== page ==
Security experts have today warned of a newly discovered Bagle mutant which is spreading in the wild from several countries.
Bagle.AY is similar to Bagle.AX in that it is polymorphic and arrives in emails with variable subjects and attachments. It also has peer-to-peer spreading capabilities.
Security firm F-Secure has warned that the worm also contains a backdoor that listens on TCP port 81. This password-protected backdoor code allows a hacker to connect to an infected computer and execute arbitrary programs.
Infected computers are reported to the worm's author by accessing several predefined URLs. Once installed on a compromised PC the worm tries to download and execute a file from this list of locations.
Bagle.AY also terminates security processes and antivirus software as well as some other applications.
The worm arrives in email as a packed executable, and can also spread with a Windows Control Panel Applet 'stub', a small program routine that substitutes for a longer program.
Somewhat oddly the worm has been programmed to cease its activity on 25 April 2006, so if a PC's system date is 25 April 2006 the worm uninstalls itself by deleting its start-up key in the Registry and terminating its own process.
When the worm's file is run, it copies itself as 'sysformat.exe' to Windows System folder and creates a start-up key for this file in the Registry. The worm creates two more files in Windows System folder: 'sysformat.exeopen' and 'sysformat.exeopenopen'.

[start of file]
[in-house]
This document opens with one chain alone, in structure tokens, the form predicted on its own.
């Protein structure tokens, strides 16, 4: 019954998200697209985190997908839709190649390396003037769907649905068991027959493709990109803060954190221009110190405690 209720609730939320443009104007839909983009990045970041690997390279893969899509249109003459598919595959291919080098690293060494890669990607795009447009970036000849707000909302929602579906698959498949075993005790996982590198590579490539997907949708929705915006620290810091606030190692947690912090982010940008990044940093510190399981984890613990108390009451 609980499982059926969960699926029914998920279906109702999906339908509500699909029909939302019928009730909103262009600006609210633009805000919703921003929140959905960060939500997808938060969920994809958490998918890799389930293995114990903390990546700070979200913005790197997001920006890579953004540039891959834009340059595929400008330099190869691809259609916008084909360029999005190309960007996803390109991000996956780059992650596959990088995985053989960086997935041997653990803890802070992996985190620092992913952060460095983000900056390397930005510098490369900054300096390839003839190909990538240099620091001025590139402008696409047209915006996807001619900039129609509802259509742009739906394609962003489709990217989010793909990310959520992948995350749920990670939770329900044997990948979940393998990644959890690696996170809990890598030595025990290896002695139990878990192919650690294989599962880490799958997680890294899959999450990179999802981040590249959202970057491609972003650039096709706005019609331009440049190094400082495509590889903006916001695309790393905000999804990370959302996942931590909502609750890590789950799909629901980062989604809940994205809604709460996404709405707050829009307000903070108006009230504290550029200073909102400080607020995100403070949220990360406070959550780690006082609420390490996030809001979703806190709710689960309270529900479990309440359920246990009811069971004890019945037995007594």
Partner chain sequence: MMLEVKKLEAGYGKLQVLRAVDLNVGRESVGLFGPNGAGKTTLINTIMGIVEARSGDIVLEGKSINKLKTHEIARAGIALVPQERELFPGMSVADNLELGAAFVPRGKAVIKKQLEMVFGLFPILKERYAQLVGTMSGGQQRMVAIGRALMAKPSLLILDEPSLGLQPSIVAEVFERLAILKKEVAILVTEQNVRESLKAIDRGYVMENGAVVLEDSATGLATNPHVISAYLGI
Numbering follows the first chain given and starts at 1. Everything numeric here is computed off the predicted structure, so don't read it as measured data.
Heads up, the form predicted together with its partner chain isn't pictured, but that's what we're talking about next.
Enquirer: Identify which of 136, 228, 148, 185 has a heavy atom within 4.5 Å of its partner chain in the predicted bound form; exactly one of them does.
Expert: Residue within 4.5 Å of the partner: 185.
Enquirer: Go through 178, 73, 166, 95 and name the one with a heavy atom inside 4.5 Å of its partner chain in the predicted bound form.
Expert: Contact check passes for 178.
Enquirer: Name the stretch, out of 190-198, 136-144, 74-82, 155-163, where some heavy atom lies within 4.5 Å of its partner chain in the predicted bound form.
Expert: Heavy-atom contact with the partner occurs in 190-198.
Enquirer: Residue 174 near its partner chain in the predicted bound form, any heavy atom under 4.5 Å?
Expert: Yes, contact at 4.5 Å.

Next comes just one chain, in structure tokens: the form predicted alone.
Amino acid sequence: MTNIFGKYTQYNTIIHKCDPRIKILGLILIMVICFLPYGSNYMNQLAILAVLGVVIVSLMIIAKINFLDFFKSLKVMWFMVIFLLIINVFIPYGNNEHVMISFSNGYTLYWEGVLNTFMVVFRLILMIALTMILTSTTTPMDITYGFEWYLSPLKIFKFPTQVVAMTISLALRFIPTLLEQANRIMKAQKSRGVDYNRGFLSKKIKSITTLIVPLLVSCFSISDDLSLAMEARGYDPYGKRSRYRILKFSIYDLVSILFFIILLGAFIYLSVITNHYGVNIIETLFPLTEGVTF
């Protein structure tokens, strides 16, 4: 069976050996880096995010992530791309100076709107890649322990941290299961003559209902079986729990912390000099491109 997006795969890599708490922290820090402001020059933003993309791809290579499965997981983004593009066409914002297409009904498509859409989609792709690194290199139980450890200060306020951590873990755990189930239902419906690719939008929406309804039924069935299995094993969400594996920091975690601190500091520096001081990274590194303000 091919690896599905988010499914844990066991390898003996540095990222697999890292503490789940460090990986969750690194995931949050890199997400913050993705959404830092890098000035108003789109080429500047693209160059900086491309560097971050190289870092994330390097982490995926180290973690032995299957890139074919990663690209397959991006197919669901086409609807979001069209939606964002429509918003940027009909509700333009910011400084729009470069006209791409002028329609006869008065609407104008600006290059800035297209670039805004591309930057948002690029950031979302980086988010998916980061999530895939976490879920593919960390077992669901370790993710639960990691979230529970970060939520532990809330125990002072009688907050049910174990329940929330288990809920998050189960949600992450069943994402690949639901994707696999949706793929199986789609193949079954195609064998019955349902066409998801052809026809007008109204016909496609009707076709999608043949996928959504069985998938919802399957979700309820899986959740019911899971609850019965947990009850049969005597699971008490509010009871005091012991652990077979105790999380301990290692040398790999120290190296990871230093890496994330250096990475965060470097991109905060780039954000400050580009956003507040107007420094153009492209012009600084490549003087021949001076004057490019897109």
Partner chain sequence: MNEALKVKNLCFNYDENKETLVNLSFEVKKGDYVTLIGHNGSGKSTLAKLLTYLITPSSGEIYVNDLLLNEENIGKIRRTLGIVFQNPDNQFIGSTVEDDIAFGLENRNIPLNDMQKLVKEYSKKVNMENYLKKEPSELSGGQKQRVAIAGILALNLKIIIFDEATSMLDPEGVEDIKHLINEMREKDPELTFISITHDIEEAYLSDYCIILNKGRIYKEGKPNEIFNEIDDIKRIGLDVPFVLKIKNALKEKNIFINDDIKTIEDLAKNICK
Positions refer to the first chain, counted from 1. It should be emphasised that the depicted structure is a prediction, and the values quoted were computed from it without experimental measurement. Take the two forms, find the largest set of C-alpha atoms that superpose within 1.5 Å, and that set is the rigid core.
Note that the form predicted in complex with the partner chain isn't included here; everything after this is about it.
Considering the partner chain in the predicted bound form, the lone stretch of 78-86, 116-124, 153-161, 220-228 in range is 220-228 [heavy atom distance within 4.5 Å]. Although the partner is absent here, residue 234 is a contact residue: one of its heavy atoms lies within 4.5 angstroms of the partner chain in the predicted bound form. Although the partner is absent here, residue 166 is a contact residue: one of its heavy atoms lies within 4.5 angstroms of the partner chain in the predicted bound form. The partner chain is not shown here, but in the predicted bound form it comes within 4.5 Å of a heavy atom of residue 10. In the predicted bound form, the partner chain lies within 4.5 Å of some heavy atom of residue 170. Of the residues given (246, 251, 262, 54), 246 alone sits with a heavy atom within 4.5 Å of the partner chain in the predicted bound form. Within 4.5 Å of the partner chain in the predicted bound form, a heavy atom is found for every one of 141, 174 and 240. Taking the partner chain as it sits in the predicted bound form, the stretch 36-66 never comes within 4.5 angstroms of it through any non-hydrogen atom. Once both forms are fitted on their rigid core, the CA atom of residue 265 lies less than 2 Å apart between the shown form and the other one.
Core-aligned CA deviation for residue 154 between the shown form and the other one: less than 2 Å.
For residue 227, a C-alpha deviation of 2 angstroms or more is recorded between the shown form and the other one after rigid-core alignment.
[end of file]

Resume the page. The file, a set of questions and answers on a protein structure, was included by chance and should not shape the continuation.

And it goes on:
These files are used when the worm spreads itself in emails. Bagle.AY scans the hard drive to collect email addresses of possible victims, but specifically excludes any addresses associated with antivirus and security companies.
The worm is particularly difficult to detect as it spreads itself in emails with randomly chosen subject lines, mail bodies and attachment names.
F-Secure noted that the worm can attach itself to emails as an executable file with com, exe, scr and cpl extensions.
Bagle.AY uses the following text strings as subjects for infected emails that it sends:
Delivery service mail
Delivery by mail
Registration is accepted
Is delivered mail
You are made active
Message bodies are randomly chosen from a predefined list:
Thanks for use of our software
Before use read the help
Attachment names can be one of the following with exe, scr, com, and cpl extensions:
"When spreading as a Windows Control Panel Applet file, the worm adds a small binary dropper to its executable file," said F-Secure.
"When the CPL file is activated, it copies itself as 'cjector.exe' file to Windows folder and then drops the worm's file into Windows System folder."
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